Winthrop track and field athlete Jillian Schmelzer stretches on the Maranacook track in Readfield on Wednesday. Schmelzer, who plans to run at the University of Maine next season, is continuing to condition despite a suspended spring season. Kennebec Journal photo by Andy Molloy

“I have a little setup on the net with shooting guards, so I can practice aiming my shot in different areas of the net,” she said. “I’ve been working a lot on switching hands, going behind the back, and different kinds of cradles into a pass. … I really love the sport. It’s not hard for me to stay out there for an hour at a time.”

Jake Weston, a senior on the Gardiner boys lacrosse team, has a net where he can practice shooting. To practice passing, he goes down to the school gym, where he slings balls against the side of the closed building.

“I’ll make a quick move and try to shoot on the net, like I would with a defender there,” he said. “Or some sort of running to a certain angle that I would have to do in a game. Just trying to get the game-like situations back.”

Track and field athletes have been making sure they’re in shape for the targeted start date. Winthrop’s James Cognata, a mid-distance runner, has been running 6-8 miles every day, but has gone to Maranacook High School for track-specific workouts twice a week.

“I’ll do a couple of 200 (meter runs) at a decent pace, a small break, then after a set I’ll have a bigger break, and then I’ll do another set with little breaks in between the 200s,” he said. “I’ll do 400s, fast-paced. Nothing too big. I’m not trying to get ready to race, I’m just trying to stay in shape and, with my legs, keep that turnover, keep that speed.”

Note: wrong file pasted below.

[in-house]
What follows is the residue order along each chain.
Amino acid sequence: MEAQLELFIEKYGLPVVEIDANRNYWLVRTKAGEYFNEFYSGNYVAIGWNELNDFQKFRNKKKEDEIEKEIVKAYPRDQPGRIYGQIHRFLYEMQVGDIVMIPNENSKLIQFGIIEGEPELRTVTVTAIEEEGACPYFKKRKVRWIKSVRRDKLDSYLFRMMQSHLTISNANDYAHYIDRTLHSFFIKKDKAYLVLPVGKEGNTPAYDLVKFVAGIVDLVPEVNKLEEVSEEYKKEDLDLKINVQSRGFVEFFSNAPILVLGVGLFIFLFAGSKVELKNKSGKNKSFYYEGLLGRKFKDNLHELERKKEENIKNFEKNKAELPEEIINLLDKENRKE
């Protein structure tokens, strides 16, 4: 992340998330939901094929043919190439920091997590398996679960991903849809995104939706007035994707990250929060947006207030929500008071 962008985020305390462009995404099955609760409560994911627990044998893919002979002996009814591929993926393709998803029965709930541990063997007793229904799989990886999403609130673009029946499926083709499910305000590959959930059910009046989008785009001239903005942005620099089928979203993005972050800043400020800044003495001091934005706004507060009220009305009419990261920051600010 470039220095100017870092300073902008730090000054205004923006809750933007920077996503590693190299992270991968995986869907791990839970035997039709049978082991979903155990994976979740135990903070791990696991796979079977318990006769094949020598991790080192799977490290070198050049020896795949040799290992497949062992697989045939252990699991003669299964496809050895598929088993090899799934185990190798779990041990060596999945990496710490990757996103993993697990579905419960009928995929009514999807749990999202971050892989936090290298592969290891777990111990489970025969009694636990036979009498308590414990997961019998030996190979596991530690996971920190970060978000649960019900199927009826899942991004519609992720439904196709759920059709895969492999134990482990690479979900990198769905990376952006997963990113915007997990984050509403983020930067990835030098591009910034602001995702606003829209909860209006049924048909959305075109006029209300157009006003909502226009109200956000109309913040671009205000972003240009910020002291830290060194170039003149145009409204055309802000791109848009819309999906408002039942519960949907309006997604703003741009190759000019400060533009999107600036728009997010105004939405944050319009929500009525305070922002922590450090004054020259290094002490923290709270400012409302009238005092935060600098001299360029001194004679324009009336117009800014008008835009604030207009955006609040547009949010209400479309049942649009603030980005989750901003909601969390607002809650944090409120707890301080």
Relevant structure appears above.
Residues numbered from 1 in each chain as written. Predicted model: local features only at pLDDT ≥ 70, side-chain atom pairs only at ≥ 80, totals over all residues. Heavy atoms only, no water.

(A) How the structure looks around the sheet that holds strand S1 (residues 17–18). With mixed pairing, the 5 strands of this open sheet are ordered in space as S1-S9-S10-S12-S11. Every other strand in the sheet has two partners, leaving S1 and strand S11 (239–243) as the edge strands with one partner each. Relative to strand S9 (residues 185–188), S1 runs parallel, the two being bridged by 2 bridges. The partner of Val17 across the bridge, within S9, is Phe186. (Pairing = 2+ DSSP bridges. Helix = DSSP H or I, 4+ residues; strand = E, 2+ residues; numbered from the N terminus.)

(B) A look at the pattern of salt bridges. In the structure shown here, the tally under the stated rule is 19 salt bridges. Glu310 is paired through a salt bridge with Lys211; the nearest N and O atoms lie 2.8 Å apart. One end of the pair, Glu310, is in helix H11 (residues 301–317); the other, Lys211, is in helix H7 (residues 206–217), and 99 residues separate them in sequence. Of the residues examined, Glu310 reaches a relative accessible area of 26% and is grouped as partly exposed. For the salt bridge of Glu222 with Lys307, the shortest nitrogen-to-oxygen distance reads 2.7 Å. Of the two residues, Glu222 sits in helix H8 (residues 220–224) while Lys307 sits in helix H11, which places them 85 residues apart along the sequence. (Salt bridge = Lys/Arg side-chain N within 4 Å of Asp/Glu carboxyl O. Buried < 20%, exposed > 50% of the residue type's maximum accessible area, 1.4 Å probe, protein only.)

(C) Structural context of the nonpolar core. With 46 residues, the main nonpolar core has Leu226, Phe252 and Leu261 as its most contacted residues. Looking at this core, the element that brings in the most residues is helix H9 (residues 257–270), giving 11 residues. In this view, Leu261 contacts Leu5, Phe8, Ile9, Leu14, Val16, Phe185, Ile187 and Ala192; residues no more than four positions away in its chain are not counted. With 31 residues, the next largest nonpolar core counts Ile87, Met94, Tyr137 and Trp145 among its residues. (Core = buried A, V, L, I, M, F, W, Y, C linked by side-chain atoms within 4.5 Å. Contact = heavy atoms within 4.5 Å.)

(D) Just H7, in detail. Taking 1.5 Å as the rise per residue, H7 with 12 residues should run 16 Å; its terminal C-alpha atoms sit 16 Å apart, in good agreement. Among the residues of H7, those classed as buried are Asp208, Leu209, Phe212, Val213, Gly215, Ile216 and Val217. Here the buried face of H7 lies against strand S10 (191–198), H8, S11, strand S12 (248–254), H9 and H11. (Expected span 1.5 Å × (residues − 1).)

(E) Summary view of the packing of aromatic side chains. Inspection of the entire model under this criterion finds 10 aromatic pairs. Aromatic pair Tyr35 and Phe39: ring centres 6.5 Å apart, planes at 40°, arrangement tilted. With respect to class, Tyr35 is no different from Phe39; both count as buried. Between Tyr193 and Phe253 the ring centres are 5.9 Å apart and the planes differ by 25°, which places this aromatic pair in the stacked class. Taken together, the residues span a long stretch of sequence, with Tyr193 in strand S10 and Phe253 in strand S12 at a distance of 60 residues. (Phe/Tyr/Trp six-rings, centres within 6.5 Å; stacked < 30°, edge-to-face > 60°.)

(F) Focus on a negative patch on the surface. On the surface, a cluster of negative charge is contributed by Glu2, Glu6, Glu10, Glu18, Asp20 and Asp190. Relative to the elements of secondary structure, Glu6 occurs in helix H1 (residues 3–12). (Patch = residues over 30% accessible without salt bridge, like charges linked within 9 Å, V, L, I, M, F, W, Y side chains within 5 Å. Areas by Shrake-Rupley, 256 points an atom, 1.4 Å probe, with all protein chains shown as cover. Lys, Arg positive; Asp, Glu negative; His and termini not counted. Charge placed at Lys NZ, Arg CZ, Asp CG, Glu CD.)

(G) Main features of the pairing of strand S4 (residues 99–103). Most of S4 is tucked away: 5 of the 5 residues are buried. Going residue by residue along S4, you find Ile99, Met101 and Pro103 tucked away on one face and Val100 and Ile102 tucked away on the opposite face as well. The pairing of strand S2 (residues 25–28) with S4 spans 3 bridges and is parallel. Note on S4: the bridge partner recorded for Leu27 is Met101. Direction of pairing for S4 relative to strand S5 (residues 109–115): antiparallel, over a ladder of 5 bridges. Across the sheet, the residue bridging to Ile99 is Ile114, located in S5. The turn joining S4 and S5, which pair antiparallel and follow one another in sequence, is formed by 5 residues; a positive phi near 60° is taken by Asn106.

Cognata’s teammate, Jillian Schmelzer, has been looking for ways to strength train. And with gyms closed, it hasn’t been easy.

“For lunges and squats and stuff, instead of having a med ball I just use a bag of dog food or something. It’s heavy enough,” she said. “On my stairs, I can do jumping lunges on it and stuff, and do form and sumo squats up and down my stairs. … I just go on my couch and do dips, and push-ups.”

Anything to be ready for the season.

“In the end, it feels rewarding,” Schmelzer said. “I want to keep myself at a place where I left it last year.”